Tips for borrowing through your SMSF

Self managed super funds (SMSF) are becoming an increasingly popular way for Australians to build their wealth towards retirement. The ability to manage and maintain your own retirement savings is an attractive prospect for many people. There is also a growing number of people who are putting their money towards an investment property. Fortunately, these two methods of generating wealth can come together in harmony thanks to recent legislative changes. 

If you don’t have quite enough in the super fund to purchase outright, you can also take out a SMSF loan to make up the balance. There are some things to look out for when buying a home in this way, so keep these points in mind at the outset.

You can’t purchase property for development or resale

The investment you make with your SMSF loan will be judged by what’s known as the sole purpose test. This stipulates that the investment can only be used for a single reason – to generate savings for the SMSF, not as a profit-making venture. For this reason, the fund can’t buy a property for redevelopment purposes. You will also need to be careful with the extent of renovations, as this can be interpreted as a profit-making exercise.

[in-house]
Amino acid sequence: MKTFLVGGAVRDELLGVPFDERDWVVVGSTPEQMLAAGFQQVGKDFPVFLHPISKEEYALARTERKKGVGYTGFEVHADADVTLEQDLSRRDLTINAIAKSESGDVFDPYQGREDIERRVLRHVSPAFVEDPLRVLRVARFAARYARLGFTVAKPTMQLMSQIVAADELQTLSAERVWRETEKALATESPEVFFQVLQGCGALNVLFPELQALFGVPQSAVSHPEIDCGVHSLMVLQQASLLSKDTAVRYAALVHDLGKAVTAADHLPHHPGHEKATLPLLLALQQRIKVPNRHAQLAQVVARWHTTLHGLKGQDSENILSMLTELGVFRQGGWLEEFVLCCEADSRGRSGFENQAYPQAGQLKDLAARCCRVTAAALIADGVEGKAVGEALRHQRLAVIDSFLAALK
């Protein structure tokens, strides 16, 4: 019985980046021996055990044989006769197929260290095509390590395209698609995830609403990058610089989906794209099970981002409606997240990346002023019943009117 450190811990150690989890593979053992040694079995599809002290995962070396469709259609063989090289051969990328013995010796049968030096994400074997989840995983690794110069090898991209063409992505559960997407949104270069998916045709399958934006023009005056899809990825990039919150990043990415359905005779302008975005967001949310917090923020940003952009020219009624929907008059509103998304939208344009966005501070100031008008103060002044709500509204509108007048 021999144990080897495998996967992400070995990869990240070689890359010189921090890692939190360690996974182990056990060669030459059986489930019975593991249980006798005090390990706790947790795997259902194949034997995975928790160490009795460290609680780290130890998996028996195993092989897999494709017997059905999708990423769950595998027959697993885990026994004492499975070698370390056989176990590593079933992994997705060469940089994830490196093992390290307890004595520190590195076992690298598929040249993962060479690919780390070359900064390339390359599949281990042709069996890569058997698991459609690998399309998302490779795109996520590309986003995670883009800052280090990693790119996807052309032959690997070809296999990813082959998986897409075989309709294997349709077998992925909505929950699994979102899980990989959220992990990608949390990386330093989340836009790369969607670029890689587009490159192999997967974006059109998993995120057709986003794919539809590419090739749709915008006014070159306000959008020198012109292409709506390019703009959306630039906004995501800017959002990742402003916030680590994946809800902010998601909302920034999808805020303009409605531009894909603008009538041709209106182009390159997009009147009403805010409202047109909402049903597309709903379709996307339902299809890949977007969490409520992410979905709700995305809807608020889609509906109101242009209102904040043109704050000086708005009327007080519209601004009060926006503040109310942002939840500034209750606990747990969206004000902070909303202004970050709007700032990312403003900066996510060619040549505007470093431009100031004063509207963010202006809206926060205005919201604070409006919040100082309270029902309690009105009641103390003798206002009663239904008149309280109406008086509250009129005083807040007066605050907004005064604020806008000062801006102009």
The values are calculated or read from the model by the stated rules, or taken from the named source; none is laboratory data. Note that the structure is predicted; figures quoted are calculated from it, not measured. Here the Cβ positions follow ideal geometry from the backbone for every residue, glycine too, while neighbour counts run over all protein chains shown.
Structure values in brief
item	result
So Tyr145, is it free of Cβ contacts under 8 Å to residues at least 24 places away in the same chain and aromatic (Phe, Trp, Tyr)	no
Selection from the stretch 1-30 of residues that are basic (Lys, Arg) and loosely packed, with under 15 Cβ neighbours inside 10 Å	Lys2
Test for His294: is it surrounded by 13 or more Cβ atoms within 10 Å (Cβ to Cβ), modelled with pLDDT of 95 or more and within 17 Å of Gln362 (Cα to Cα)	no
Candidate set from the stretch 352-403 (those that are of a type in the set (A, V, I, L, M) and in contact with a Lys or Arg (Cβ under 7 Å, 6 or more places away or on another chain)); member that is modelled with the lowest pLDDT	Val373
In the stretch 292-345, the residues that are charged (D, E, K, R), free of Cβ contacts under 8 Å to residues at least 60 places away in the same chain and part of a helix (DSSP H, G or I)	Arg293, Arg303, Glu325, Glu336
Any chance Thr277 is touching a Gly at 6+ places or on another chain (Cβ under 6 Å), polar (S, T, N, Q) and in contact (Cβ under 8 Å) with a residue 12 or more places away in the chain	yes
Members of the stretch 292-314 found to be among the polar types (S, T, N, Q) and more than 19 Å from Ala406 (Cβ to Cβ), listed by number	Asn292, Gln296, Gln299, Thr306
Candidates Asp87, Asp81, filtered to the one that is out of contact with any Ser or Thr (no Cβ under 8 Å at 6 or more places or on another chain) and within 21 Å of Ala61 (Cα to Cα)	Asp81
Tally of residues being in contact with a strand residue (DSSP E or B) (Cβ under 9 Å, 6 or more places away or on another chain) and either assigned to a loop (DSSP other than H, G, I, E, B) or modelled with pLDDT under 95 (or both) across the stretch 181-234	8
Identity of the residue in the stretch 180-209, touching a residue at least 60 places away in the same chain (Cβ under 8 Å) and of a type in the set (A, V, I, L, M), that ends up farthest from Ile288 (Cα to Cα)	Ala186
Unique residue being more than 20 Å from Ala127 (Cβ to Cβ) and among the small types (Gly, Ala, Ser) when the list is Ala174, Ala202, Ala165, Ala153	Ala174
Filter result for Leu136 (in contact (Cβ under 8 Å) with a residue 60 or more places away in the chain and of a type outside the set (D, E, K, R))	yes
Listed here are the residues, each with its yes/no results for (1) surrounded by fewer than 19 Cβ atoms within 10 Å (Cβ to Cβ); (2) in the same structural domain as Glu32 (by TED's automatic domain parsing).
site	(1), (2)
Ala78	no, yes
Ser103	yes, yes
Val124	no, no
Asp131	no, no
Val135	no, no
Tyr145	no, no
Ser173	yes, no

The property mustn’t be owned by friends or family

This stipulation prevents the fund from investing in property that was previously owned, or bought from, an associate of the fund. The scope of this is very wide and isn’t just limited to immediate family. It could be anyone, from distant friends to work colleagues. In the same way, the property cannot be sold to or leased by anyone remotely connected to a member.

This is a conflict of interest and could break the sole purpose test, which sets down that no one related to or associated with the fund should get any pre-retirement benefit from the fund.
These points are incredibly important to bare in mind when using self managed super fun loans to buy property, as any non-compliance will be heavily penalised.